Perhaps the Prime Minister chose to jump the gun, and hope that his rhetoric could mask the absence of policy, in order to avoid being embarrassed by the Commission so soon after Sir Kevan Collins quit as schools catch-up tsar.
Set up in 2016, the Commission is, in fact, a statutory body tasked with overseeing the regional inequalities that prompted the launch of the Northern Powerhouse before it was superseded by the more opaque levelling up agenda.
Its work should be integral to Mr Johnson’s flagship domestic policy – and many of its recommendations, from welfare reform to extra funding for schools and skills, are driven by the very best of intentions.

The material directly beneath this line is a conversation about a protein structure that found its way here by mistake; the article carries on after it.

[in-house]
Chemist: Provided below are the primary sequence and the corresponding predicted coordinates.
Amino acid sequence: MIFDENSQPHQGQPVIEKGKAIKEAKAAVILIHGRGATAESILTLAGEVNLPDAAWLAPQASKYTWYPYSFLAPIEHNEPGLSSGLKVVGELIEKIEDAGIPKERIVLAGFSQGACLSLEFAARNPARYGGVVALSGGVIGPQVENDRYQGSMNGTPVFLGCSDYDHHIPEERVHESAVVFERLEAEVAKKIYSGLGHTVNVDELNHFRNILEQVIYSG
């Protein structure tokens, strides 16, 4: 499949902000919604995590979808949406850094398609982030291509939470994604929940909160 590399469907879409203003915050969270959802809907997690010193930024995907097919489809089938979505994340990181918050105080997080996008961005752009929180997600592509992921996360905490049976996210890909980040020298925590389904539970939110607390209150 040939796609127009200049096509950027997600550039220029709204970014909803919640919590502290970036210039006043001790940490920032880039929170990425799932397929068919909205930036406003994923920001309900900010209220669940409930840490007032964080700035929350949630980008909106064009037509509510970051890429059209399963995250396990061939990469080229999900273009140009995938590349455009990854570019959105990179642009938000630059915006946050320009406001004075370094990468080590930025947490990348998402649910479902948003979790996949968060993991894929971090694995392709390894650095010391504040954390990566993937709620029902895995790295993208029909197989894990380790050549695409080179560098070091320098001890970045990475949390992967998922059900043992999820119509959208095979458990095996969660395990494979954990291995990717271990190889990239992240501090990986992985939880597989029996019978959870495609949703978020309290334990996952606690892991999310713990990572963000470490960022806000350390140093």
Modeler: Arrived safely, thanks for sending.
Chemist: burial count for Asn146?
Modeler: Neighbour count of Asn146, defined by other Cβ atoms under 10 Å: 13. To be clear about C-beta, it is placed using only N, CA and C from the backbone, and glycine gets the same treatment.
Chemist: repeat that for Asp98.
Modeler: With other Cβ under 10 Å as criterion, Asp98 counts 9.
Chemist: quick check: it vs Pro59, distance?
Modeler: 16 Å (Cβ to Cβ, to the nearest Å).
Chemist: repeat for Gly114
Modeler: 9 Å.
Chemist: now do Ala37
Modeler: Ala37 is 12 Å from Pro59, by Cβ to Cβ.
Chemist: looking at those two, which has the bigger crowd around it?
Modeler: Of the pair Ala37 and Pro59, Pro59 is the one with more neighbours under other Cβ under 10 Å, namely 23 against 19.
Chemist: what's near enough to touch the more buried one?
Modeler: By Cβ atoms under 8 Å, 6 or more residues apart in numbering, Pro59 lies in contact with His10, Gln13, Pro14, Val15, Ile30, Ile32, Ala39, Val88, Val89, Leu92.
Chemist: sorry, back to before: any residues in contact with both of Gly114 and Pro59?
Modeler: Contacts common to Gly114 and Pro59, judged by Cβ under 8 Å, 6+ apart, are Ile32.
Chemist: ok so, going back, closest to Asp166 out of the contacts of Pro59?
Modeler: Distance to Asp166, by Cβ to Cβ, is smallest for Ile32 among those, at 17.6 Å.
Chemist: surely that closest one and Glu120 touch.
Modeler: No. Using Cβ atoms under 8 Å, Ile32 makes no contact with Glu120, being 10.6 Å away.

However this public body appears none the wiser about the PM’s intentions – significantly, one of its calls is for the creation of special benchmarks to measure policy progress over the next 30 years.
This is a critical point that has been repeatedly made by The Yorkshire Post in recent months – ‘levelling up’ will only succeed if there’s a clear definition and set of objectives.
The fact that Mr Johnson told his audience last week to send their ideas to his office, or policy advisor Neil O’Brien, confirmed that the current approach is still incoherent.
And until there’s an Education Secretary in place who recognises the importance of schools and learning to economic policy, then progress on social mobility will continue to flounder.
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